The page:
Raspberry Pi – first (XBMC) impressions
Last week I received my Raspberry Pi, after three months of waiting. In short: it was worth the wait. I first installed Debian 6 from Farnell’s (where I bought my Pi) OS Download Center. I did not play much with Debian, so I did not get a good impression of it. The OS seemed pretty usable on the Pi, though I experienced some hickups while browsing (using the default browser, I couldn’t find a package for Chrome). Anyway, let’s get to the awesome part.
The Raspberry Pi is a very small single-board computer. It has a 700 MHz. cpu, 256 MB of RAM and a GPU capable of decoding 1080p – the reason the Pi has become extremely popular very quickly. It is powered by a micro-USB port and can be used for lots of different things. Downside: it does not feature an optical out (S/PDIF). I would have rather seen that instead of the RCA- and 3,5mm audio port.
The Pi’s OS is stored on a SD-card (not included). On the board you will find a HDMI-port, ethernet-port, RCA-port, 3,5mm audio jack, 2 USB-ports and a micro-USB-port (for power).
I’m a big fan of XBMC – that’s why I run it on my HTPC, my home server and pretty much everything else it runs on. For my HTPC and the Pi, I’m using OpenELEC. It’s a small Linux distribution built from scratch that contains nothing but BXMC. And it’s fast, really fast (much faster than XBMCBuntu, which I also tried a couple of times).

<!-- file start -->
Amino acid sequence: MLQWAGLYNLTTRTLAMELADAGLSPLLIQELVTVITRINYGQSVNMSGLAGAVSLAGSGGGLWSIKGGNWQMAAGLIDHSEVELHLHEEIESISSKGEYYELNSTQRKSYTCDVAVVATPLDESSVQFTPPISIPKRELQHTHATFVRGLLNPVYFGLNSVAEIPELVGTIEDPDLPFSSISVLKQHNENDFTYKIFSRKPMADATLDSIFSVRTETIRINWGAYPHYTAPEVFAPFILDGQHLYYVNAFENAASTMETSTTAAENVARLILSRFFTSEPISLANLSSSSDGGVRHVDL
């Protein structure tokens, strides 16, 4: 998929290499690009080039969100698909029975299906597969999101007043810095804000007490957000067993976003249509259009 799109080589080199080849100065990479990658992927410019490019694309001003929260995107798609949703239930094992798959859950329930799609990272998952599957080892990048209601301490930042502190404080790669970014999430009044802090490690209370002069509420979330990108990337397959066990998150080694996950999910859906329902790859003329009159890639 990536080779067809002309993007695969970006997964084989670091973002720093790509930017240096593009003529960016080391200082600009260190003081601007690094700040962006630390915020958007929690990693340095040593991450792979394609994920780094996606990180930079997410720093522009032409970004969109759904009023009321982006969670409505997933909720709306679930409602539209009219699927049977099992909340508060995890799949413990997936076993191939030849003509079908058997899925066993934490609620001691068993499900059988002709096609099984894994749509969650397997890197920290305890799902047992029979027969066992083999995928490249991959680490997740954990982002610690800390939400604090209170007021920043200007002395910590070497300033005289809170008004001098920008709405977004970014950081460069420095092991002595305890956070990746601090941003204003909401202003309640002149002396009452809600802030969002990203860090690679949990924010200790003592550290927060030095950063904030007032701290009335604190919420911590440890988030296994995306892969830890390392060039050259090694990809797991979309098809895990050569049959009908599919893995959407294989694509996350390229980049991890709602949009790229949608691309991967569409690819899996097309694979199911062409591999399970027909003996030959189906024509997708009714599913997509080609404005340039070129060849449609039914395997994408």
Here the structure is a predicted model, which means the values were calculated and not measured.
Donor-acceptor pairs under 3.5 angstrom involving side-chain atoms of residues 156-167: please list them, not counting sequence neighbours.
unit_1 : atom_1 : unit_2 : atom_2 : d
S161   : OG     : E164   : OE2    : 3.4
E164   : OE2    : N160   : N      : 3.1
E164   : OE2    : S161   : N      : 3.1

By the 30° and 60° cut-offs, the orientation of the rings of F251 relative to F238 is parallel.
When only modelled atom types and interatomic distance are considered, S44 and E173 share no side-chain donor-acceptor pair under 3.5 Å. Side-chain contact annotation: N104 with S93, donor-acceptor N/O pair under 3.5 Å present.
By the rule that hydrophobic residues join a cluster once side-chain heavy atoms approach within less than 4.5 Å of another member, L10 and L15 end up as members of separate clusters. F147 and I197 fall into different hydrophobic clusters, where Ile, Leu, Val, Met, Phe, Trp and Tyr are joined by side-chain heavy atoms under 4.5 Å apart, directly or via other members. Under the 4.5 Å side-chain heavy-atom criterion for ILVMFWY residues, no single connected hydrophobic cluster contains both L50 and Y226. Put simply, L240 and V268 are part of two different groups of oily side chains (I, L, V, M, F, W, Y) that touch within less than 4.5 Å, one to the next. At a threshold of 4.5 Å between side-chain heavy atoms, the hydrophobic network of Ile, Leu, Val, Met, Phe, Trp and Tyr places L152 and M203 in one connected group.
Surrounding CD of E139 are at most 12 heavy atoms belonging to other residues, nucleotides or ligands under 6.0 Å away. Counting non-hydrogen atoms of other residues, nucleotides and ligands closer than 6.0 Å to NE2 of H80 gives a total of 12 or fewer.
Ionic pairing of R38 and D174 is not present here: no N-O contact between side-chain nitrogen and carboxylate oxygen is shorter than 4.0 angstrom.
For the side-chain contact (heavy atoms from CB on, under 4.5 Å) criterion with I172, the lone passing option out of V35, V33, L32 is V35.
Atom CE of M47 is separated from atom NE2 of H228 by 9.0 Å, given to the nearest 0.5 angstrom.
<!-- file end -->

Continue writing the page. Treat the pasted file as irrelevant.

OpenELEC suggests building the OS yourself. I did not want to go through the hassle of doing that, so I tried some pre-compiled images and then upgraded to the latest build. Disclaimer: this is what I did to get it running (there might be a faster way, but this works for me).
Read my article here for installation instructions: Installing OpenELEC on the Raspberry Pi.
It works! Menu’s are kind of slow, but usable. Using the older build I first tested with, 1080p was playable but stuttered a bit. Enabling audio decoding (audio output to the 3,5″ jack) was too much for the cpu and caused a huge drop in frames per second. After updating to the latest OpenELEC build, 1080p plays perfectly fine with not stuttering at all! That’s pretty amazing for such a small and cheap device.
Overall, the Raspberry Pi works great so far and looks very promising. I can’t wait to see where development will take it, I’m probably going to order another one pretty soon.
Playing a full-HD 1080p video on the Pi
Here’s a video my cousin Peter (better known as l3p) shot when we tested the Pi at his place. The Pi is connected to a Panasonic 50″ TX-50V10E plasma tv. Audio is redirected through a Denon 1909 receiver to a Kef KHT2005 5.1 home cinema set (upgraded with a REL Q200E). The movie playing is a x264 mkv file.